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Quinacrine

Authors: Dr Anes Yang, Clinical Researcher, Department of Dermatology, St George Hospital, University of New South Wales, Sydney, NSW, Australia; Dr Monisha Gupta, Senior Staff Specialist, Department of Dermatology, Liverpool Hospital, Sydney, NSW, Australia. DermNet NZ Medical Editor: Dr Delwyn Dyall-Smith, Dermatologist, Wagga Wagga, NSW, Australia. DermNet NZ Editor in Chief: Adjunct Prof Amanda Oakley, Dermatologist, Hamilton, New Zealand. Copy edited by Gus Mitchell. September 2018.


What is quinacrine?

Quinacrine is a derivative of quinine, synthesised from the bark of the cinchona tree. It was extensively used as an antimalarial agent for millions of servicemen in the Pacific region during the 1940s. It was found to be well tolerated and has subsequently been used for the treatment of connective tissue diseases, such as lupus erythematosus. However, due to yellowish skin changes that occur after long-term use, it is not used as commonly as hydroxychloroquine or chloroquine [1,2].

Quinacrine is also known as mepacrine and has the brand name Atabrine™.

Who uses quinacrine?

The use of quinacrine in dermatology has been mostly superseded by chloroquine and hydroxychloroquine [2]. Although it can be used alone, quinacrine is usually used in combination with hydroxychloroquine to boost response in recalcitrant inflammatory skin conditions such as:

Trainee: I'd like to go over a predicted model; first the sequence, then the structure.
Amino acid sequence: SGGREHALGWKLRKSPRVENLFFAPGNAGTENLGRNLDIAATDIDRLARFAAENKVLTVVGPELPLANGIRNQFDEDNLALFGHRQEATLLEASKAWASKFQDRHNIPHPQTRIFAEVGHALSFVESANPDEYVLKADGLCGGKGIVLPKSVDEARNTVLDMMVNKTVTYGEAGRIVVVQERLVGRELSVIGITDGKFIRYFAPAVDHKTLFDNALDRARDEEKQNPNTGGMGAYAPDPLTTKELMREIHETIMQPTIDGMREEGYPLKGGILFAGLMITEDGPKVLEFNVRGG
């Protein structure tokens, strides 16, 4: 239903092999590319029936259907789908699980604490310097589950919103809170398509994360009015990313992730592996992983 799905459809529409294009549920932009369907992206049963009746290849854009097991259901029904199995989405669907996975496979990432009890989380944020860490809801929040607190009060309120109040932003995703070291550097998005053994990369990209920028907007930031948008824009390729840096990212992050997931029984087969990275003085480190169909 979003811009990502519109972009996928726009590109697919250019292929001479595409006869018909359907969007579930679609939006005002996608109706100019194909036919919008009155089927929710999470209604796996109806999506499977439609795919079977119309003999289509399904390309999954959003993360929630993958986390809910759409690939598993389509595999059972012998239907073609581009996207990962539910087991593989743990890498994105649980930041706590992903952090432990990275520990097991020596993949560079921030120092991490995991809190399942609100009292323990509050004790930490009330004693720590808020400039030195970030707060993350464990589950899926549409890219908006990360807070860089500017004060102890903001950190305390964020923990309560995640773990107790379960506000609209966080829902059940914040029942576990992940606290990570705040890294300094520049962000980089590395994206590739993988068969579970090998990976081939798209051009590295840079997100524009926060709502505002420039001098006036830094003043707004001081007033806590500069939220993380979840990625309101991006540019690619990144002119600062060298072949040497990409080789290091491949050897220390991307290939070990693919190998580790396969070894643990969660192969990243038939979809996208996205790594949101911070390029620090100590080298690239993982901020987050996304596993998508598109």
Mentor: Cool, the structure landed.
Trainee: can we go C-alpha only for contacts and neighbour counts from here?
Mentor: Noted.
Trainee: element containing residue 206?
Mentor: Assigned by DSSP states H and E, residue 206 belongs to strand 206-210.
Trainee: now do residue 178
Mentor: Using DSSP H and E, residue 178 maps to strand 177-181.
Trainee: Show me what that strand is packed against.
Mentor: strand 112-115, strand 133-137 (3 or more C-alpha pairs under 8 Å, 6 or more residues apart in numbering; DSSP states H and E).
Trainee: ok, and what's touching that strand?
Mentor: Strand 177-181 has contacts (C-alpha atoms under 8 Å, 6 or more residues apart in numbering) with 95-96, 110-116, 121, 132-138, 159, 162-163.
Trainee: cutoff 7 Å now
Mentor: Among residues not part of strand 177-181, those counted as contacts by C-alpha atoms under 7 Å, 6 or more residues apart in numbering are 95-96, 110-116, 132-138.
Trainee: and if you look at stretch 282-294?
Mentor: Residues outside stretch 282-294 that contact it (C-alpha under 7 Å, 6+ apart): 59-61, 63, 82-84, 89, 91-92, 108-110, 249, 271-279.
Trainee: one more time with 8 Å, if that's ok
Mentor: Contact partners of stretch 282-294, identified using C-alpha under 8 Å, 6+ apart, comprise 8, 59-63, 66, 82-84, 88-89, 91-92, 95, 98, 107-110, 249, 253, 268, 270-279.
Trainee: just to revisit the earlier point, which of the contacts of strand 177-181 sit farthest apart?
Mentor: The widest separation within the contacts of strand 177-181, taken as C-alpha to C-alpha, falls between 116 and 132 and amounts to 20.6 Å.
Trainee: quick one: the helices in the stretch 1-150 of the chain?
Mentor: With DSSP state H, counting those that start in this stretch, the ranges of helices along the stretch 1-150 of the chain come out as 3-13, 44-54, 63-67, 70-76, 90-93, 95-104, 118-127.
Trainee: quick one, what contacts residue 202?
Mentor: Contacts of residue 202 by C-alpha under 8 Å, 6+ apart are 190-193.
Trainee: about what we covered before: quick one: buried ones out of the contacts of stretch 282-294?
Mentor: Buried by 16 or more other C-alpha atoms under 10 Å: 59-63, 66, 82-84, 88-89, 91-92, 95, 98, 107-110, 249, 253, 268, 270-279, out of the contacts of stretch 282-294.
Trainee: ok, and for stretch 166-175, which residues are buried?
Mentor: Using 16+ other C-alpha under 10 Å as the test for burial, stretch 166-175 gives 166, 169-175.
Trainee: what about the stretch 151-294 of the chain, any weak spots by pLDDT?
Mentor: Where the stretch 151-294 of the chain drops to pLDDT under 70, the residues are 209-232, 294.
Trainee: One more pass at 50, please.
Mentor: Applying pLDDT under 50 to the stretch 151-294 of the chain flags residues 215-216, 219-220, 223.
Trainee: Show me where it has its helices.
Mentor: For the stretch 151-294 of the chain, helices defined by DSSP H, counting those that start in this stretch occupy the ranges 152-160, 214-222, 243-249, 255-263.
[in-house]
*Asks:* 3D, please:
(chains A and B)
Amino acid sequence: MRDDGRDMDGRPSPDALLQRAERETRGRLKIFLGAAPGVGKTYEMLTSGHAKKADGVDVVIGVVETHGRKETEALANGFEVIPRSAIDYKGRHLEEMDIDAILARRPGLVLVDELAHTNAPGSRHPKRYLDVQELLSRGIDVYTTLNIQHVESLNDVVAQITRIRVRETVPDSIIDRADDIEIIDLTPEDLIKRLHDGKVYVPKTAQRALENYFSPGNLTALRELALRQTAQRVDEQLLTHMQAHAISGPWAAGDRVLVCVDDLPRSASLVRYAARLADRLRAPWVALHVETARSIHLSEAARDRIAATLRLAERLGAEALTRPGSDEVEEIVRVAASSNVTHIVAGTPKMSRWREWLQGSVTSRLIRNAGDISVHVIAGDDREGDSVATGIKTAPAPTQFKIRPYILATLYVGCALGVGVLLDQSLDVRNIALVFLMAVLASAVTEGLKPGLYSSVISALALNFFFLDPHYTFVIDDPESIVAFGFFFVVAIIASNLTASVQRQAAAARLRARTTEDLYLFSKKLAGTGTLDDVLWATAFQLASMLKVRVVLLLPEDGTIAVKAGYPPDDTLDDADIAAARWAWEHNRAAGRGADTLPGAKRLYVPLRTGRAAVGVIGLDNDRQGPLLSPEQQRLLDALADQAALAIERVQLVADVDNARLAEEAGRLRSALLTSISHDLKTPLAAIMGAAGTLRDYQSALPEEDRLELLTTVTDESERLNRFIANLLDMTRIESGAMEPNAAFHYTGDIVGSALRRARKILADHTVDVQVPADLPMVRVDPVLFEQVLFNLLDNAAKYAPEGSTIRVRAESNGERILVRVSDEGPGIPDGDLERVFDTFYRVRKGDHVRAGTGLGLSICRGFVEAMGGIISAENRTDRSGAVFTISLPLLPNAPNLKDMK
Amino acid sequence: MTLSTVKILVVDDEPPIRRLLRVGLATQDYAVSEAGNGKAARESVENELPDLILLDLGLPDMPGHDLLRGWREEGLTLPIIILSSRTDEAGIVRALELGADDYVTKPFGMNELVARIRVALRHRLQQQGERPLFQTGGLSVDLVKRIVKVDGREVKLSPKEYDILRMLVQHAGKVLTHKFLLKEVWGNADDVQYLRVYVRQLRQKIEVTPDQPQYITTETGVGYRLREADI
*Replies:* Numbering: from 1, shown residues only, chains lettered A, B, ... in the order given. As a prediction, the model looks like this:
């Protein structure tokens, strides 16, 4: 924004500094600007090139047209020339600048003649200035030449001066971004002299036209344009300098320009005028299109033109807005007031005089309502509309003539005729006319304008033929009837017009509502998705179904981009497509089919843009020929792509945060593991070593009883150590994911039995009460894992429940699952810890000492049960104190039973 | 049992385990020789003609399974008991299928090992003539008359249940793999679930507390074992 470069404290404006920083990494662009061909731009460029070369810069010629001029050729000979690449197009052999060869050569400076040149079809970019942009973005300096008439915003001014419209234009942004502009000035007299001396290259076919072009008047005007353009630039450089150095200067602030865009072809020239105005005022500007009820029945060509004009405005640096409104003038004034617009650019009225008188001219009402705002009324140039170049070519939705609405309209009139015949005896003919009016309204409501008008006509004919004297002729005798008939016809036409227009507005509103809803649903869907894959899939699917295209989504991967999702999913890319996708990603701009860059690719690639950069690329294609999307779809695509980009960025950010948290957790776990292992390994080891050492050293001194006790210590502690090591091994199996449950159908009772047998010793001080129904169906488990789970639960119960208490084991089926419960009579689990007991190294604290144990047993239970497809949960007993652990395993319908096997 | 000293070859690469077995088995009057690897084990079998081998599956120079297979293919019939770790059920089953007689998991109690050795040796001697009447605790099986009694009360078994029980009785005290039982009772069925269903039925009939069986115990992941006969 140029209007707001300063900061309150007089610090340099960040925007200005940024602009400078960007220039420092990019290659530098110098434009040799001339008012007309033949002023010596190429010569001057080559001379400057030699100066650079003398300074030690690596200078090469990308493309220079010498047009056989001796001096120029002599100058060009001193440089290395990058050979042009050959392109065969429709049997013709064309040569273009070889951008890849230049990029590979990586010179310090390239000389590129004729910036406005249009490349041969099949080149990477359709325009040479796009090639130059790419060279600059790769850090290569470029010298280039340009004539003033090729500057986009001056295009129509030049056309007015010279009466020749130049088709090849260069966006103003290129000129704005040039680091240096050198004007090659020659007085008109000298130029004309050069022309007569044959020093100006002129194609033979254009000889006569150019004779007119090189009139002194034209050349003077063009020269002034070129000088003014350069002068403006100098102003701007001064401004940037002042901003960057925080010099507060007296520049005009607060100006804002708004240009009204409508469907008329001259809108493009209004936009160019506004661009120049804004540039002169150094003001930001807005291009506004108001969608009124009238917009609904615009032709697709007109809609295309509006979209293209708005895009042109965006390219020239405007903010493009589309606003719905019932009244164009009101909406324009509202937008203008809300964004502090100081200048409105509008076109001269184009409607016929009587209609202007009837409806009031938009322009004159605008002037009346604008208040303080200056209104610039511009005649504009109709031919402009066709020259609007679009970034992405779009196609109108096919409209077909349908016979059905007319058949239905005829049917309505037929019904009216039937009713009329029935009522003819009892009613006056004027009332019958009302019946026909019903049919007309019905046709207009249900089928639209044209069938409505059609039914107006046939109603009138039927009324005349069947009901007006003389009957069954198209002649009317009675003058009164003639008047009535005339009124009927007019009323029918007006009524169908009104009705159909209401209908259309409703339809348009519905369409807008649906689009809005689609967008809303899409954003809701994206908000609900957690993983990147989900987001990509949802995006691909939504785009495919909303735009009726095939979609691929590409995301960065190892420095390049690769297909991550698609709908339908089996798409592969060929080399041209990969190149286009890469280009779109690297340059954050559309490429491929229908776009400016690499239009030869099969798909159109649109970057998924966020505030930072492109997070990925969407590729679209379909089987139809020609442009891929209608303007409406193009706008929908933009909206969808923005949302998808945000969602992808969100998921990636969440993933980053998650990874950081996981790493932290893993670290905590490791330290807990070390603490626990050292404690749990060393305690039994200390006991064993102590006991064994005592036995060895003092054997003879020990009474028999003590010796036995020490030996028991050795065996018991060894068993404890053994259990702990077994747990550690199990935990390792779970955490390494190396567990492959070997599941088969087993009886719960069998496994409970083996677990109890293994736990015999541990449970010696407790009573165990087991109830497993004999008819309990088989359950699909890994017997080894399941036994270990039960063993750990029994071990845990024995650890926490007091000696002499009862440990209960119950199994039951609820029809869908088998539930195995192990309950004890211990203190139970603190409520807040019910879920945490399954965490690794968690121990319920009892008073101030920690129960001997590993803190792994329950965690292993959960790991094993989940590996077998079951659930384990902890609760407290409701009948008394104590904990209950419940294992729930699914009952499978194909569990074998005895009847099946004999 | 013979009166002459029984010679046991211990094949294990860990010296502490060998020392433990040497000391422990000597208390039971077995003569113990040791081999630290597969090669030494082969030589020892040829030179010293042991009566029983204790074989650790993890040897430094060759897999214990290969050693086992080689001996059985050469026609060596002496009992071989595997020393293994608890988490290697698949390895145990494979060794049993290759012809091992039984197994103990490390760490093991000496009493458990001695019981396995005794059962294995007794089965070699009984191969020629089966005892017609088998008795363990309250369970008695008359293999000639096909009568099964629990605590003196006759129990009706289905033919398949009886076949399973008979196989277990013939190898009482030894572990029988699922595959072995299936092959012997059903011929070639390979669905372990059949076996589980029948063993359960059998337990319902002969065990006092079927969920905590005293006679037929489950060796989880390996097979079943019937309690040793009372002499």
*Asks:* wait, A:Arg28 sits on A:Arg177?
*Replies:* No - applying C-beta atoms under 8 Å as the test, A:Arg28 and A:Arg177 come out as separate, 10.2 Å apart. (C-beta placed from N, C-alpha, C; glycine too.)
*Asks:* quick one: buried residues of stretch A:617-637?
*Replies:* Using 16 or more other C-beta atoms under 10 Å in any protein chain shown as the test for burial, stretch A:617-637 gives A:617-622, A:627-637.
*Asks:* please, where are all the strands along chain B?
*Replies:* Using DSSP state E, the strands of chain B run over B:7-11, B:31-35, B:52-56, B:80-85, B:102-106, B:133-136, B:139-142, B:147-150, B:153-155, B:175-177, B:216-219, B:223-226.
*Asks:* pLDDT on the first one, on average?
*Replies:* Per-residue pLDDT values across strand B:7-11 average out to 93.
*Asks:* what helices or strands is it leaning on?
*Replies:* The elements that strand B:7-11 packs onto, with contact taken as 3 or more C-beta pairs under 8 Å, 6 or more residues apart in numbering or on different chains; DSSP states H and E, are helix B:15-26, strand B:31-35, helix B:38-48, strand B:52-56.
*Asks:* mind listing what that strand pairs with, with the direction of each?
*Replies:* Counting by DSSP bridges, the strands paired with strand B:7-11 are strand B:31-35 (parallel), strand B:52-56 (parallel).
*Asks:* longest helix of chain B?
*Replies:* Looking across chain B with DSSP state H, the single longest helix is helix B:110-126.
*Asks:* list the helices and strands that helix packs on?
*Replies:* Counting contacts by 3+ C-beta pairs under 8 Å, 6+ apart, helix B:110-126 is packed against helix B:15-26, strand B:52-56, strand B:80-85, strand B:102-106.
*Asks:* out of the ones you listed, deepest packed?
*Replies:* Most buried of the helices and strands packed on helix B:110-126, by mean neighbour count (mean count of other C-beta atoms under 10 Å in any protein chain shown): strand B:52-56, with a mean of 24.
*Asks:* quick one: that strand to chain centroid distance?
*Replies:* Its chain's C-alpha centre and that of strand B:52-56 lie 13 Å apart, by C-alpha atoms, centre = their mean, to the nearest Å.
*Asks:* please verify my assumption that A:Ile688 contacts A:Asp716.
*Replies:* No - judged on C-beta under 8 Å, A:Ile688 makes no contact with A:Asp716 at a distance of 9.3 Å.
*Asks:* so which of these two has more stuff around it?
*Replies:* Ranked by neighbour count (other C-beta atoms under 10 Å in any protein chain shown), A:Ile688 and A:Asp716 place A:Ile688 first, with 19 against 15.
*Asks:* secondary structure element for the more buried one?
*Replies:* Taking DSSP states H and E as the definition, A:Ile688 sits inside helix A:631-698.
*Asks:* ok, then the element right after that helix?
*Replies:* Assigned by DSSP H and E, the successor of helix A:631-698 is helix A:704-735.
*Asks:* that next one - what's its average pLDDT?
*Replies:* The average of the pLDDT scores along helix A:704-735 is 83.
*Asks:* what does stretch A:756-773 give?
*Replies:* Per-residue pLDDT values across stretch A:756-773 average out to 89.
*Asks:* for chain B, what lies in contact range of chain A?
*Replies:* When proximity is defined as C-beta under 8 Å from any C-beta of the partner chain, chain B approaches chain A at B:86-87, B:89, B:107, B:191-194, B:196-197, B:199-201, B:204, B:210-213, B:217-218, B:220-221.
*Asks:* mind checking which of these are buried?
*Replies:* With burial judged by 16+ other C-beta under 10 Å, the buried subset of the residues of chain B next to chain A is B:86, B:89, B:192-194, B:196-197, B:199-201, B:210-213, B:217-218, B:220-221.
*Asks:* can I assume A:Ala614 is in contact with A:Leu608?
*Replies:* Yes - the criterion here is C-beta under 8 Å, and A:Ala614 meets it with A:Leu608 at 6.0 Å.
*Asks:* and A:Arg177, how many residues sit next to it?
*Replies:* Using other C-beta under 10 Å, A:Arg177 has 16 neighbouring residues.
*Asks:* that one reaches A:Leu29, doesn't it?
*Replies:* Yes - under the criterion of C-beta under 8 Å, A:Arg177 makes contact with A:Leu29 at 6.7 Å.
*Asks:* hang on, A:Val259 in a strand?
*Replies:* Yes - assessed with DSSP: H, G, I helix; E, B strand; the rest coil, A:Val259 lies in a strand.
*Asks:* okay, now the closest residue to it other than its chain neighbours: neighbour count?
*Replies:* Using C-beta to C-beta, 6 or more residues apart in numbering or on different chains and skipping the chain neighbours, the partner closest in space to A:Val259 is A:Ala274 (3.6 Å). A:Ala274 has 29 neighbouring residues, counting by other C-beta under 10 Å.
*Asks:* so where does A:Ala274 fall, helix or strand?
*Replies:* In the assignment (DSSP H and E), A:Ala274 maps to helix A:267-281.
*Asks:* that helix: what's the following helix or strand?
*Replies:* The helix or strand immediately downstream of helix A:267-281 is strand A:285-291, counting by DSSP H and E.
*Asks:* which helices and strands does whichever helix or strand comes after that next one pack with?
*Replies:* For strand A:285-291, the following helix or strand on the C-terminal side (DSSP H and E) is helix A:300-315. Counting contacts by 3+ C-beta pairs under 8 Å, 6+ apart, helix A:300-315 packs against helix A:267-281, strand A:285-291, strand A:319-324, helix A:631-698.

Quinacrine may be preferred in patients at ocular risk or those with profound fatigue as it is a central nervous system stimulant [1]. It is also useful in those who are unable to tolerate chloroquine derivatives.

Skin conditions for which quinacrine is used

How does quinacrine work?

Quinacrine has been shown to have the following effects.

  • Antiproliferative
  • Anti-inflammatory
  • Antiparasitic
  • Anticancer effects [3].

Pharmacokinetics

Quinacrine is rapidly absorbed from the gastrointestinal tract following oral administration. The plasma concentration of quinacrine increases rapidly during the first week and equilibrates by the fourth week. Quinacrine is slowly excreted, mainly via the kidneys [1,3].